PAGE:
Camelid single-domain antibodies (also known as nanobodies or VHHs) are derived from the Camelidae family of mammals such the llamas, camels, and alpacas. Unlike other antibodies, camelid antibodies lack a light chain and are composed of two identical heavy chains.
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The unique structure of these heavy chain antibodies (HCAbs) drew the interest of various researchers for their application in various scientific and therapeutic fields – such as in vivo cellular imaging and antibody therapeutics in cancer therapy.
Discovery of Camelid Antibodies
Camelid antibodies were accidentally discovered in the late 1980s by a group of students who were working in the laboratory of Professor Raymond Hamers in Brussels, Belgium. The total and fractionated immunoglobulin-G (IgG) molecules isolated from the serum of a dromedary camel were analyzed with the intention of developing a serodiagnostic kit that could help in detecting trypanosome infection in water buffaloes and camels.
During the analysis, the students realized that the antibodies present in the camel did not have the usual structure and contained an HCAb antigen-binding domain that was subsequently named as the VHH domain. This VHH is found on a single stretch of amino acids and can recognize antigens that are as small as 12 to 15 kilodaltons (kDa).
The discovery of camelid antibodies led to the widespread use of these antibodies in biotechnological research, primarily due to the relative ease with which these antibodies could be handled. A number of preclinical and clinical studies are underway, such as the effect of camelid antibodies as imaging reagents or for therapy studies against platelet aggregation, respiratory syncytial virus (RSV) infection, venom toxins, rheumatoid arthritis, but also as radiolabelled nanobodies.
Properties of Camelid antibodies
Camelid antibodies are very specific and tend to display strict monomeric behavior, along with high thermostability and good solubility. Furthermore, their relatively small size allows for easy genetic engineering, thereby lowering overall production cost.
These VHHs have a good penetration rate into tissues and low immunogenicity - therefore, they are used to target antigenic epitopes that are difficult for large molecules (such as conventional monoclonal antibodies) to access. This ability of camelid antibodies to recognize cryptic epitopes renders them ideal as enzyme inhibitors, or for infection diagnosis.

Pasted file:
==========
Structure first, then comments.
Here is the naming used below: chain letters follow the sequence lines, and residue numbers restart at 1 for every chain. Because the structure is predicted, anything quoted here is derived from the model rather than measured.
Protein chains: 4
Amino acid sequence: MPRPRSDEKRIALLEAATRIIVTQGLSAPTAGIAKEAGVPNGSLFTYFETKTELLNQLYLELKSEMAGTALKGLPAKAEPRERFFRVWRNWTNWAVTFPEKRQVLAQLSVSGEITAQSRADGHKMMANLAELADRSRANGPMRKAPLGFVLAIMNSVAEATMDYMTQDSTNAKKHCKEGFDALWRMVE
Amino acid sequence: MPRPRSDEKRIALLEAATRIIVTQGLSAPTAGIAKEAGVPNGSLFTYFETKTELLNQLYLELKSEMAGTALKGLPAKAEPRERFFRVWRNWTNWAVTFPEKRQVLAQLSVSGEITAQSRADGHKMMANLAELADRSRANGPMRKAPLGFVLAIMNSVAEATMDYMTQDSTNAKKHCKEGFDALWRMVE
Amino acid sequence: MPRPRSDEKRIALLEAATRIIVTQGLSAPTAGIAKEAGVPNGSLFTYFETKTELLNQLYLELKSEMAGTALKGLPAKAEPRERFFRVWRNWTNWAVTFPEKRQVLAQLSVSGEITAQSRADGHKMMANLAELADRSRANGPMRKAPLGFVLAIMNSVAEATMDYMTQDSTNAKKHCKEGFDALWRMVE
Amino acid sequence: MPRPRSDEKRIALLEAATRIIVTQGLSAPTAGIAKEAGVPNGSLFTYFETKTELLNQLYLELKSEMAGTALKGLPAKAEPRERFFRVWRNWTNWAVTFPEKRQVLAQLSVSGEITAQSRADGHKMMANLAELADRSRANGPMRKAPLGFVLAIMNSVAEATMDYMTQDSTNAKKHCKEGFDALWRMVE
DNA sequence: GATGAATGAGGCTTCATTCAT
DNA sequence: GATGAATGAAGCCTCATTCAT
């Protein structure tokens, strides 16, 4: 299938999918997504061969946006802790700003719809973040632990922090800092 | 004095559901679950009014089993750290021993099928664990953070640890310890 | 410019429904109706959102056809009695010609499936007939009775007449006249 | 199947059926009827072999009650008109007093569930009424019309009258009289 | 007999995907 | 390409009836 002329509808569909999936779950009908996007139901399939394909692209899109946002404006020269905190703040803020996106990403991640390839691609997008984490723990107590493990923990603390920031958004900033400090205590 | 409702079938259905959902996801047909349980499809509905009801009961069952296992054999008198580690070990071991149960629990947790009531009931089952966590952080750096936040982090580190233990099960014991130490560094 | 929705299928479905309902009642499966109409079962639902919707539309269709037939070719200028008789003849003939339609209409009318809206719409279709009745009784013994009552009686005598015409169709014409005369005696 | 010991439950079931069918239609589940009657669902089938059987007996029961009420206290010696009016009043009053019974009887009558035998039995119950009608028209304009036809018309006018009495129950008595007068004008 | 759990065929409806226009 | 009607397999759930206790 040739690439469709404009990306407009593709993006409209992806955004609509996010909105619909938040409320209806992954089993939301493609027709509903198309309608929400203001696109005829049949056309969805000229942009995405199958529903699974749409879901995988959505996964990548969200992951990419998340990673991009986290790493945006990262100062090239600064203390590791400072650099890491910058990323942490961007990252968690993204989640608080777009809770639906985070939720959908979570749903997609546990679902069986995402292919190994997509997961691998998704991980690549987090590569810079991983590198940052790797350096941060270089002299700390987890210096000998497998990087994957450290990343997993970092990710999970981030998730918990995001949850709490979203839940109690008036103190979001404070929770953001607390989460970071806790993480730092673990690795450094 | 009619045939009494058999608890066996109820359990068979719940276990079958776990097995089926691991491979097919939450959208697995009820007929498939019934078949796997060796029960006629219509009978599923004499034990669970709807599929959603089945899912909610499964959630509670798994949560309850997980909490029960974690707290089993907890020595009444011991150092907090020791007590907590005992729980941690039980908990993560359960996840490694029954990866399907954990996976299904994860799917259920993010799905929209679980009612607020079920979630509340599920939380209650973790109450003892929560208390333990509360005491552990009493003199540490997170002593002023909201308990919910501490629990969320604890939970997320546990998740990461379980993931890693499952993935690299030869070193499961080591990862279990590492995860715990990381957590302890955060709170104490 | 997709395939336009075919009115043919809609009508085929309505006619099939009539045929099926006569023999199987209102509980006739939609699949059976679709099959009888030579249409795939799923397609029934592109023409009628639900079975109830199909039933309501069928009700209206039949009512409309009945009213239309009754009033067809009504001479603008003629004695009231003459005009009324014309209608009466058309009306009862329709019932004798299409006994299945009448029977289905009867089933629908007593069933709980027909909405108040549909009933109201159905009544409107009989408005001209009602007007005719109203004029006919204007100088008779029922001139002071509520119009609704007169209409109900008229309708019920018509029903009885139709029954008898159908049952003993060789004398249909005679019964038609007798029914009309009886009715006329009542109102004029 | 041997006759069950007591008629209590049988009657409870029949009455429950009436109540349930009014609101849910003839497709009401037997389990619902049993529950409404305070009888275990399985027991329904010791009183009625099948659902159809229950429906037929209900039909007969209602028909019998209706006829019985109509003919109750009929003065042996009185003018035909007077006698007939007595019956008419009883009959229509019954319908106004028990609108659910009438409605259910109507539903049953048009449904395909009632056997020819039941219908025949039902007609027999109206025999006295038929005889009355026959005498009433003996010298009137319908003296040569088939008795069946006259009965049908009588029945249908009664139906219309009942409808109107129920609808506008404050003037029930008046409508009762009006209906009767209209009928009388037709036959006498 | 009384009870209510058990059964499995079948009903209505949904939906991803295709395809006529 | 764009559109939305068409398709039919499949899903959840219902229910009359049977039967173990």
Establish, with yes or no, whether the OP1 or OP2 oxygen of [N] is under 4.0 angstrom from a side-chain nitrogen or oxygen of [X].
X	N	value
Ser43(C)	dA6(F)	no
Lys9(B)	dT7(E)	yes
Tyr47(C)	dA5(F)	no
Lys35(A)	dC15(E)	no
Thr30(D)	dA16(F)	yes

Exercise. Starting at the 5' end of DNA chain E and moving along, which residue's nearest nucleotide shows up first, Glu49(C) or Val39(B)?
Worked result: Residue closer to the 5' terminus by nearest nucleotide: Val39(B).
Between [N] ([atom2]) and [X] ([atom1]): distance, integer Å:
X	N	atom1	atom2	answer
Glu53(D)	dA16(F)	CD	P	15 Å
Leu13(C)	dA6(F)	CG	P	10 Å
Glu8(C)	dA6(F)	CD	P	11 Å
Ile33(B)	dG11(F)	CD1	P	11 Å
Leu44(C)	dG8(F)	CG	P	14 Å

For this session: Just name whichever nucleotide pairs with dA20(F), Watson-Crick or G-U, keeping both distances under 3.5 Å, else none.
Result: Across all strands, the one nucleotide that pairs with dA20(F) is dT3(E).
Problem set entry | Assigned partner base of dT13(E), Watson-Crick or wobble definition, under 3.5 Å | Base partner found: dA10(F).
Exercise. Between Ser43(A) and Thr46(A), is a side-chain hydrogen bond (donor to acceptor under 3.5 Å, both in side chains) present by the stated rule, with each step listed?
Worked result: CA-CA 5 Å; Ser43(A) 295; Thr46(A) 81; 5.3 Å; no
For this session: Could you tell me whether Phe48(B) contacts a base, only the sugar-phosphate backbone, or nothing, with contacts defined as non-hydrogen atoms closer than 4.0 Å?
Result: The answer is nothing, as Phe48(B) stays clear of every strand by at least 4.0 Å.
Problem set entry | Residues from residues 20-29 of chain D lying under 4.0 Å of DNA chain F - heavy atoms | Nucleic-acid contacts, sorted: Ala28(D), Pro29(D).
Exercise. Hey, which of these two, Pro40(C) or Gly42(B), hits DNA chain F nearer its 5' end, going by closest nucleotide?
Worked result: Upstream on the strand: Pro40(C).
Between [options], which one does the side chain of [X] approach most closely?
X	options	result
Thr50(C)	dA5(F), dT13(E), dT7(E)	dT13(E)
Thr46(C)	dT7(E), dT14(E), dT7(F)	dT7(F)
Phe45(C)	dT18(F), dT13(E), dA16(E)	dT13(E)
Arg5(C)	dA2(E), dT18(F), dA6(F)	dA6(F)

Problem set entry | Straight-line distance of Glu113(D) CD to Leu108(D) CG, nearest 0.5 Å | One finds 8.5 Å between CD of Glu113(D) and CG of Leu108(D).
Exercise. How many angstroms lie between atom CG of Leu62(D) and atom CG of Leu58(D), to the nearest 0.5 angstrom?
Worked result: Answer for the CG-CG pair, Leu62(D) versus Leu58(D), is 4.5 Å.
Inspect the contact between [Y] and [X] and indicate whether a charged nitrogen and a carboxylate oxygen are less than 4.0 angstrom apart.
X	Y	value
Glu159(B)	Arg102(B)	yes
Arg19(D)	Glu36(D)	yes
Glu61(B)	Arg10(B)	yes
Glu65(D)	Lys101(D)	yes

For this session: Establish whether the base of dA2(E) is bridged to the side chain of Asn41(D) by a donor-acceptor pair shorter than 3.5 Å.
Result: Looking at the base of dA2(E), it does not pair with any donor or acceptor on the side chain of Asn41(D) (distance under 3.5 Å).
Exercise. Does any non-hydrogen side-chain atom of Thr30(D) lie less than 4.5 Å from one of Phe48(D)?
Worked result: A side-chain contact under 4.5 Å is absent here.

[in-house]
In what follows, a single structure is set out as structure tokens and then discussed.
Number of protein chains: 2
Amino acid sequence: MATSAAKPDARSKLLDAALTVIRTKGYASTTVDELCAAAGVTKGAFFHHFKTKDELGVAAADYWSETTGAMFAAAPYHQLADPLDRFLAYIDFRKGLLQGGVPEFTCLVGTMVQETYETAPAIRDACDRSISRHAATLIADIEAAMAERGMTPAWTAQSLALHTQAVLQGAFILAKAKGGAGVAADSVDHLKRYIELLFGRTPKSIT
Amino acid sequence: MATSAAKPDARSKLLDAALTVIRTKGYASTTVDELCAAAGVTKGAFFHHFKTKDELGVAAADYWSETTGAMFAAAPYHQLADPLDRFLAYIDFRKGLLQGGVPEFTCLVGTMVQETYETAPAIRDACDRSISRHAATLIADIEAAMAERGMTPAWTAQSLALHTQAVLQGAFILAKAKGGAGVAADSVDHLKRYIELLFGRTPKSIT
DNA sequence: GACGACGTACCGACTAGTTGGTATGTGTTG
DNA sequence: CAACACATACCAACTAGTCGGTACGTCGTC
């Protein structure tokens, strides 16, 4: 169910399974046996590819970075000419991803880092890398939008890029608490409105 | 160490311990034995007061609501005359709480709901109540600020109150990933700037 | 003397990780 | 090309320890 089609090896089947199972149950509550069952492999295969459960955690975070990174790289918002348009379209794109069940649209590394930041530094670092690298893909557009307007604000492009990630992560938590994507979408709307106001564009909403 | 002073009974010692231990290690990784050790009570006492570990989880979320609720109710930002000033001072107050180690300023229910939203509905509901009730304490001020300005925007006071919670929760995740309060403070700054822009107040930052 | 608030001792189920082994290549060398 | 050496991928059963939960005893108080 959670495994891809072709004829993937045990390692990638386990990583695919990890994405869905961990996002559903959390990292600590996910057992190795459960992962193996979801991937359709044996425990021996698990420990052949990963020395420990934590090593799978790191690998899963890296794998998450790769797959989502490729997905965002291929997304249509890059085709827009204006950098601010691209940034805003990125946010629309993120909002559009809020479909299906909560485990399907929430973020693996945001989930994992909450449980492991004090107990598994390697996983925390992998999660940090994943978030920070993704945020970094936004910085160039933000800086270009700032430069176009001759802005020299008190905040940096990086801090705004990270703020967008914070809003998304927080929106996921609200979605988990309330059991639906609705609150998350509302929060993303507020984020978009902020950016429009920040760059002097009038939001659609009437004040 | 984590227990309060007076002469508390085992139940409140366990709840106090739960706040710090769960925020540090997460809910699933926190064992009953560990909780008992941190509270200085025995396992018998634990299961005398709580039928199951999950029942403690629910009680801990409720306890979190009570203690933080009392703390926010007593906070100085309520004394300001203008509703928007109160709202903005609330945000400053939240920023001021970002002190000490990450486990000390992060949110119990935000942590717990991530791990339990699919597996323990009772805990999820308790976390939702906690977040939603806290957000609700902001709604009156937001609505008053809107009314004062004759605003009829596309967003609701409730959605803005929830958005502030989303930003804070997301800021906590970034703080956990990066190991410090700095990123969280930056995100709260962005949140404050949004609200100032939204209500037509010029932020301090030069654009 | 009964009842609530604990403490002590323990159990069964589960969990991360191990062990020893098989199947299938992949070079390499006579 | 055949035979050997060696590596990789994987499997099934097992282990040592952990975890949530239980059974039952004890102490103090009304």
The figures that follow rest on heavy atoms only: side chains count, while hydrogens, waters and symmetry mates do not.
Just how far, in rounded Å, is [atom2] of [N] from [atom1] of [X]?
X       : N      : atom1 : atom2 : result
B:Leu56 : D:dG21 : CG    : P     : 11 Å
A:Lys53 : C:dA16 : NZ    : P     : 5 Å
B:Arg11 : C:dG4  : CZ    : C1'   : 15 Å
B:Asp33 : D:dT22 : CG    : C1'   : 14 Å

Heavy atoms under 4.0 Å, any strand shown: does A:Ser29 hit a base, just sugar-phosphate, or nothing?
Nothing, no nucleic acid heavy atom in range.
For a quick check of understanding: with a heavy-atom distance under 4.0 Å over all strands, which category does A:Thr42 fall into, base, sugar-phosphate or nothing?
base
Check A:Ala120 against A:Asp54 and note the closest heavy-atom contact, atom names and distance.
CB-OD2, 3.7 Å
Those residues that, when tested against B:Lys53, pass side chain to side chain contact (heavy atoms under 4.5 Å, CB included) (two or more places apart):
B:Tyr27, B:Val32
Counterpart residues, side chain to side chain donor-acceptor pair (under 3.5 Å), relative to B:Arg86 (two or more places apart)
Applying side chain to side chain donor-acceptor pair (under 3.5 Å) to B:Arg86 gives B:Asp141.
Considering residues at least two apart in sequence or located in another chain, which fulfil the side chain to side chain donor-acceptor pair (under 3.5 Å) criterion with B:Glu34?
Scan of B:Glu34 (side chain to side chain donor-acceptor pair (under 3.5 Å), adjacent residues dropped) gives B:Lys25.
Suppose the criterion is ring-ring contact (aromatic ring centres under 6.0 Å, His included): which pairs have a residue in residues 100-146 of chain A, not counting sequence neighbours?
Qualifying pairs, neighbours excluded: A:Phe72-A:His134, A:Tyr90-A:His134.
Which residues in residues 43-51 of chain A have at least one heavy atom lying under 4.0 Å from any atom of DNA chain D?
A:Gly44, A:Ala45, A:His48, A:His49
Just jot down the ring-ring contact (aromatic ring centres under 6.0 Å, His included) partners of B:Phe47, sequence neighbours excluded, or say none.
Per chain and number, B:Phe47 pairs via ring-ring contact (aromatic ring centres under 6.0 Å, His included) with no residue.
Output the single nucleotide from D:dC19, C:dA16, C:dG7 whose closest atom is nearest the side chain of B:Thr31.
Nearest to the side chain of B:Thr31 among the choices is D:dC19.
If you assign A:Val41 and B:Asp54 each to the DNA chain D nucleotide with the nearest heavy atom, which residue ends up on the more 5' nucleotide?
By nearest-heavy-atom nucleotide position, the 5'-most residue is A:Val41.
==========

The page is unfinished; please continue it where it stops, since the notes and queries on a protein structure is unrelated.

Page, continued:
The relatively short life of camelid antibodies is helpful in tumor imaging of diseased tissues that require rapid clearance. The shelf life can be increased to improve pharmacokinetic behavior by using options such as fusing of VHHs to an anti-serum albumin moiety or serum albumin.
Production of Camelid Antibodies
Completely functional antibodies are efficiently produced in mammalian cells only, and appropriate glycosylation of these antibodies is extremely important for exerting the required therapeutic activity. However, microbial production systems such as Escherichia coli (E. coli), filamentous fungi, or yeasts are used for large scale and economic production of antibodies.
VHH can generally be produced well in microorganisms but the production level depends on the VHH sequence patterns. Sagt and his colleagues have reported an increase in the production of VHH in yeast due to the presence of a potential N-linked glycosylation site.
Moreover, studies on baker’s yeast have demonstrated that the production of VHH in yeast can be increased up to five fold by addition of ethanol and supplementing the growth medium with ethylenediaminetetraacetic acid (EDTA), sorbitol, or casaminoacids.
In yet another research study, there was a reduction in the production of VHH due to the presence of unpaired C-terminal cysteines. DNA shuffling also enhances VHH production by random molecular evolution.
By using several expression formats, monovalent VHHs can be genetically fused into two or more VHHs to improve functional affinity. Zhang et al developed pentameric recombinant antibodies, also known as pentabodies, by binding VHH to the B-subunits of an E. coli toxin. This binding was observed to be so strong that it resulted in self-assembling of the VHH into a homopentamer.
Therapeutic Applications and Future Research
Until recently, therapeutic applications of VHH antibodies were limited, as they could not recruit essential antibody effector functions (such as antibody-dependent cellular cytotoxicity and complement-dependent cytolysis) that are required for correct glycosylation of the second heavy-chain constant (CH2) domain.
Thus, the production of functional antibodies could be achieved only in higher eukaryotic cells. However, recent research has made it possible to develop functional antibodies in (P. pastoris). The aforementioned microorganism is a methylotrophic yeast that is known for its ability to produce recombinant proteins in gram amounts in one liter of culture.
In conclusion, camelid VHHs are suitable for a variety of therapeutic applications, e.g. in sleeping sickness, infant diarrhea caused by rotavirus, foot-and-mouth disease, sepsis, rheumatoid arthritis, brain disorders, neurodegenerative diseases, etc. VHHs are especially effective as oral immunotherapy in diarrhea due to their ability to withstand extreme pH values.
Recent research endeavors are now focusing on developing nanobodies that do not require effector functions and that have minimal side effects compared to conventional whole antibodies.